D’Amico wins award at Sundance

BEST CINEMATOGRAPHY — Mikey D’Amico of Weirton is the youngest person to win the Best Cinematography Award at the Sundance Film Festival’s Creative Mind Group competition for his film “The SunDANCE.” -- Contributed

BEST CINEMATOGRAPHY — Mikey D’Amico of Weirton is the youngest person to win the Best Cinematography Award at the Sundance Film Festival’s Creative Mind Group competition for his film “The SunDANCE.” -- Contributed

PARK CITY, Utah — Mikey D’Amico, a Weirton native, Weir High School graduate and Point Park University cinema arts major, received the Creative Mind Group Best Cinematography Award as part of the Sundance Film Festival.

He is the youngest cinematographer to win.

D’Amico was selected from thousands of global entries as one of the eight finalists to participate in The Creative Minds Sundance program. The selection process included the submission of a two-minute film to a panel of industry professionals consisting of independent filmmakers, story-writers, cameramen and other media professionals.

Two other members on D’Amico’s team also brought home awards. Sam Thompson, a current West Virginia University student from New Jersey, won Best Director and Katy Lueck, a New York University graduate, won Best Performance.

Once the team arrived in Utah, they got to work and in less than a week, the team filmed, edited and submitted the film “The SunDANCE,” a coming-of-age story that pits the indie industry against the world of Hollywood. A fourth member of the team, Davis Rohrer of New Jersey, served as the team’s producer, actor and composed all original music for the film.

Established in 2004, Creative Mind’s mission is to find the next generation of talented film and television professionals and usher them into the entertainment industry by providing international film programs at the world’s most prestigious film festivals and markets. The Creative Minds Internship Experience provides individuals with an opportunity to work with film studios, production companies and media outlets, and the Filmmakers/Directors Lab provides students with a platform to showcase their talents via the creation of short films.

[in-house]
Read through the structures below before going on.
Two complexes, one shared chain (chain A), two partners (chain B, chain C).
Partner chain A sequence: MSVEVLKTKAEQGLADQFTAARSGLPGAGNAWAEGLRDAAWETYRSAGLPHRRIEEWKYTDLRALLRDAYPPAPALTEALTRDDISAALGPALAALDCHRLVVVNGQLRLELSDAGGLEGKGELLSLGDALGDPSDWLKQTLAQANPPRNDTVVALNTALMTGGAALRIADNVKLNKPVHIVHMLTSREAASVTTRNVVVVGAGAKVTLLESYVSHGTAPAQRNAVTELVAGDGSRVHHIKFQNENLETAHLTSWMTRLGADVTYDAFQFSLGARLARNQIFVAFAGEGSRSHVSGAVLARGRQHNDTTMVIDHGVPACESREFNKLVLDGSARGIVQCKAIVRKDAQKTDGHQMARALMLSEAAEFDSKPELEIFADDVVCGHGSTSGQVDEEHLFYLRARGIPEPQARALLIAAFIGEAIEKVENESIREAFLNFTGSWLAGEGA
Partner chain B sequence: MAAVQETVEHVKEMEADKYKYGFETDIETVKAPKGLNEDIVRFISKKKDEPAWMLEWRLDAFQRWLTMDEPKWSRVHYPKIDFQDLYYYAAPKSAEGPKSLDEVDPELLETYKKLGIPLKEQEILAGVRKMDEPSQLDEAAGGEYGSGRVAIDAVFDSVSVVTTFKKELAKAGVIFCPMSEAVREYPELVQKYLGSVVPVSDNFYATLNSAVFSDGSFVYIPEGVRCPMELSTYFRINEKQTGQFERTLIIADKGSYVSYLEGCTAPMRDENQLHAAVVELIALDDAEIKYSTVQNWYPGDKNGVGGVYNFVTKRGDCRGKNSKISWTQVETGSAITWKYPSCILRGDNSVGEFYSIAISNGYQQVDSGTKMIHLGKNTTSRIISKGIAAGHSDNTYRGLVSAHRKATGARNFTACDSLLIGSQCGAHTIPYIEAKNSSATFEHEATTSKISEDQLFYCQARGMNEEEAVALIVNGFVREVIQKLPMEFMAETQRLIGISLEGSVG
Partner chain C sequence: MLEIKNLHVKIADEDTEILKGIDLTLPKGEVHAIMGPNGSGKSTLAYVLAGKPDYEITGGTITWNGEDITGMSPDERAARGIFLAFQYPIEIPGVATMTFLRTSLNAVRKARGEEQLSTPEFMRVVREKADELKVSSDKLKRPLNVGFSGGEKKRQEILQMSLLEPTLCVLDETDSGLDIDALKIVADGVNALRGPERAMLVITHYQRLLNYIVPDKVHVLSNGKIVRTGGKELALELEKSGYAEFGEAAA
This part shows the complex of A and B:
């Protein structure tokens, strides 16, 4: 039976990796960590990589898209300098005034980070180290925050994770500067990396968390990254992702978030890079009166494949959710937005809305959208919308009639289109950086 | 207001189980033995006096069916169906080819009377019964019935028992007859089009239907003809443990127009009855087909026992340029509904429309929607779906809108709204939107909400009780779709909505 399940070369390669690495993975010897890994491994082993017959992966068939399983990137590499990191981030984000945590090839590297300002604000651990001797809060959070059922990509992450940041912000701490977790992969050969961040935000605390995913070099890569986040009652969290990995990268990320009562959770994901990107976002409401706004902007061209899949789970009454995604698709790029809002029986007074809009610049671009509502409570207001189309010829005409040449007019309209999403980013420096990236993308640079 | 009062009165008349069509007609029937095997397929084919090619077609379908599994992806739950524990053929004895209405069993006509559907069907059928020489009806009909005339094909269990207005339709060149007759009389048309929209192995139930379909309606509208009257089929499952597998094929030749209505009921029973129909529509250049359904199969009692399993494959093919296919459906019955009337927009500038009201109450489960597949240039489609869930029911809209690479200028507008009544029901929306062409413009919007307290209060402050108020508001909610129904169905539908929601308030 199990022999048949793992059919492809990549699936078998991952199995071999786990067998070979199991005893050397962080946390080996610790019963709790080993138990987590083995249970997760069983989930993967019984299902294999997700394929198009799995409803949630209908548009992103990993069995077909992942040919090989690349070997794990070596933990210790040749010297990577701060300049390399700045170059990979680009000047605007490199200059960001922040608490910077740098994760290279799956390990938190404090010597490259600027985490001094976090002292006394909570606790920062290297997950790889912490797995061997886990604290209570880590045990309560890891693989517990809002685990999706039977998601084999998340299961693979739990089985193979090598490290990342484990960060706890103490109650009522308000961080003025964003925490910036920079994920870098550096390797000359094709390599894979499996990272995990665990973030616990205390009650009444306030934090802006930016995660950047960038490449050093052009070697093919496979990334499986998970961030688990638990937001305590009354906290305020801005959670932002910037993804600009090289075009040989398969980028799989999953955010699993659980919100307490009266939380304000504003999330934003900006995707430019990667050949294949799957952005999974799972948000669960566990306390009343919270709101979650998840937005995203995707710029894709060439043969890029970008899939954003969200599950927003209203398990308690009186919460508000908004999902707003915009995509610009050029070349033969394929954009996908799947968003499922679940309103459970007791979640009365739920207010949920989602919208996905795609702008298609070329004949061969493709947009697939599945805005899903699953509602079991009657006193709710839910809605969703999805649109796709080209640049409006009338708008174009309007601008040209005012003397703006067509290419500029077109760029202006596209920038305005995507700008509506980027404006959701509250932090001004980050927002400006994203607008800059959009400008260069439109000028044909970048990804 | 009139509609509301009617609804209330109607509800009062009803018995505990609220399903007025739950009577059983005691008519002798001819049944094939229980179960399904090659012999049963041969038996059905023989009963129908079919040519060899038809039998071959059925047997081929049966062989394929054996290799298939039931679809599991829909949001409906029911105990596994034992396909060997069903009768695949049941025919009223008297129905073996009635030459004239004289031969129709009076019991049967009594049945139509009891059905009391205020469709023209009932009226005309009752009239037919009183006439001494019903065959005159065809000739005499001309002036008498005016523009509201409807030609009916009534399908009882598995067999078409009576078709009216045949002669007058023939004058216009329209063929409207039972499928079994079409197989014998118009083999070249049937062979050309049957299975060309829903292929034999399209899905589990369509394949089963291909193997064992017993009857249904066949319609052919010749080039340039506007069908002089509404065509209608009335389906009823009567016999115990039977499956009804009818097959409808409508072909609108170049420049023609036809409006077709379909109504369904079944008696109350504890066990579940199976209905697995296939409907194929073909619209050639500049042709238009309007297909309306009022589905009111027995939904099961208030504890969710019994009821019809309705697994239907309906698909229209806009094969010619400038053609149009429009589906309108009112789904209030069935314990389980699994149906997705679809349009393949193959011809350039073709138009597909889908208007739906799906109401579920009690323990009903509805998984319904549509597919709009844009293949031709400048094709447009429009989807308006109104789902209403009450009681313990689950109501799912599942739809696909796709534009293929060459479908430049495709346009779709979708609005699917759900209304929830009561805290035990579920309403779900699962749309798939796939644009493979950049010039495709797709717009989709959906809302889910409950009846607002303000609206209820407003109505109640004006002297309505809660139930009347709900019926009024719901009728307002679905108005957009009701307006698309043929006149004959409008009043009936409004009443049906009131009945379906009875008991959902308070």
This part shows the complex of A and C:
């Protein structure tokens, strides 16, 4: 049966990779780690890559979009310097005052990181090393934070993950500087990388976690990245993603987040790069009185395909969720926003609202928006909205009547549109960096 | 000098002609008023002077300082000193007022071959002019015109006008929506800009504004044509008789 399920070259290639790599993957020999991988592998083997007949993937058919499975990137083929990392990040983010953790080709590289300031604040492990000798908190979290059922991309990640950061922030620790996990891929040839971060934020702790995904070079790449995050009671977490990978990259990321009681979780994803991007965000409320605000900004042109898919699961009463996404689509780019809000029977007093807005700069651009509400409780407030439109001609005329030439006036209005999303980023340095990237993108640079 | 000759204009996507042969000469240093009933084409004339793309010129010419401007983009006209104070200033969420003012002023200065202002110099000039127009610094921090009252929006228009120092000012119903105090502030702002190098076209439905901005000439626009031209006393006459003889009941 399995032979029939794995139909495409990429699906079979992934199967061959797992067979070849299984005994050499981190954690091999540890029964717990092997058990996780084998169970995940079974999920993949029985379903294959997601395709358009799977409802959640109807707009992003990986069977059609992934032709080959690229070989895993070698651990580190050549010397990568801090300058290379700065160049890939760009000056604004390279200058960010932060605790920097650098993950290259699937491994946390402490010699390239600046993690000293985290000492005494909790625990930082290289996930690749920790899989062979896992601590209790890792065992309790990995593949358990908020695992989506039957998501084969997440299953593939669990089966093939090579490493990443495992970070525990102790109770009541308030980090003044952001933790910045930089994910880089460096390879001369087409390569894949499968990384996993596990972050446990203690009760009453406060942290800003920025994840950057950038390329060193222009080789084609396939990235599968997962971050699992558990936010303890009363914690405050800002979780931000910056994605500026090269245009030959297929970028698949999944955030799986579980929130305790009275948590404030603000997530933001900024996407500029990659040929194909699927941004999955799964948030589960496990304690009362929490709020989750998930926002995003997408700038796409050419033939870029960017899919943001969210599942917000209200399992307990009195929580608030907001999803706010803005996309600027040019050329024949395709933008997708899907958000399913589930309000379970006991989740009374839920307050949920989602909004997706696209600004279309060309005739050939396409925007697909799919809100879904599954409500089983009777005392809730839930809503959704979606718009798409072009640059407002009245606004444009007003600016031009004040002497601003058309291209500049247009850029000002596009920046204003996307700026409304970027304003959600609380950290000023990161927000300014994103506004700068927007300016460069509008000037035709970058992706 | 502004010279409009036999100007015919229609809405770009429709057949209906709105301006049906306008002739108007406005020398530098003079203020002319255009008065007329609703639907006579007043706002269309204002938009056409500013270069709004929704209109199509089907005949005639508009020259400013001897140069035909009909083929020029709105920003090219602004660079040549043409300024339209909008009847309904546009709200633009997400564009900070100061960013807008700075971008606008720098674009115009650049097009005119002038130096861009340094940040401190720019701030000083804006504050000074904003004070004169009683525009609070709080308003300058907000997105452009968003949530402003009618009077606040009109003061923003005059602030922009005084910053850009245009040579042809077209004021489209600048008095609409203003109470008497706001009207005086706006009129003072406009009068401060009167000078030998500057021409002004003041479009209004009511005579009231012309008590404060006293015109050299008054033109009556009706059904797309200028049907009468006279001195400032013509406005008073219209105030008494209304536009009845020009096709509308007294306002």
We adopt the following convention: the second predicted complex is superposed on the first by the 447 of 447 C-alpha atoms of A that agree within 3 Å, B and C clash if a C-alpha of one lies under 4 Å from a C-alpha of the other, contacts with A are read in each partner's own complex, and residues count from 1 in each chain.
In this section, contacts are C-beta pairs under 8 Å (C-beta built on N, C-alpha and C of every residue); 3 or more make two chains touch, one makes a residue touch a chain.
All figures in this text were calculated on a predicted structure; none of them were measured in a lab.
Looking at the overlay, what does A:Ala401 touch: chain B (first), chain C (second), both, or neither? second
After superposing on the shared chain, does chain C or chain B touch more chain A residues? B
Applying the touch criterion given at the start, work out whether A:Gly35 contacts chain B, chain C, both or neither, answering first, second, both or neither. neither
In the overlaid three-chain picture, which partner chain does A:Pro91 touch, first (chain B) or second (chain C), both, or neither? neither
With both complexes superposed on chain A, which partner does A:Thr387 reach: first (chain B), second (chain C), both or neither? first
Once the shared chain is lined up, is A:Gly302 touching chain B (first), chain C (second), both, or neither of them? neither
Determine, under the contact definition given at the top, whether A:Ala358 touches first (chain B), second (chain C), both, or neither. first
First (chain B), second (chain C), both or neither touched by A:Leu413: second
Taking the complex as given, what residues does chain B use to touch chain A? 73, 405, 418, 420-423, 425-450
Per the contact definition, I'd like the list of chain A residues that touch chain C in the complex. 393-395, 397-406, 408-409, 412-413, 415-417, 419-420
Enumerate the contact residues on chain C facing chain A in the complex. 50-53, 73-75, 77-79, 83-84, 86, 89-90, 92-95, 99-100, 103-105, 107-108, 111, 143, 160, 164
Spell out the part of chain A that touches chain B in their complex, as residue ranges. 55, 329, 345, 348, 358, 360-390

D’Amico attended WVU his freshman fall semester and became active in the film club. This is where D’Amico, Thompson and Rohrer began collaborating on many projects including filming “Do It For The Finger” for the 2016 Campus MovieFest competition. D’Amico won the Silver Tripod Award for Editing and the film also won a Jury Award. Campus MovieFest is the world’s largest student film festival.

A screening of their film “The SunDANCE,” made at Sundance, was seen along with other short films created by the trio Feb. 16 at WVU.

Although attending different universities, the three plan to continue collaborating on projects and hope to one day work together on the big screen.

The annual Sundance Film Festival is the largest independent film festival in the United States, showcasing new work from American and international independent filmmakers. This year’s festival took place Jan. 19-29.

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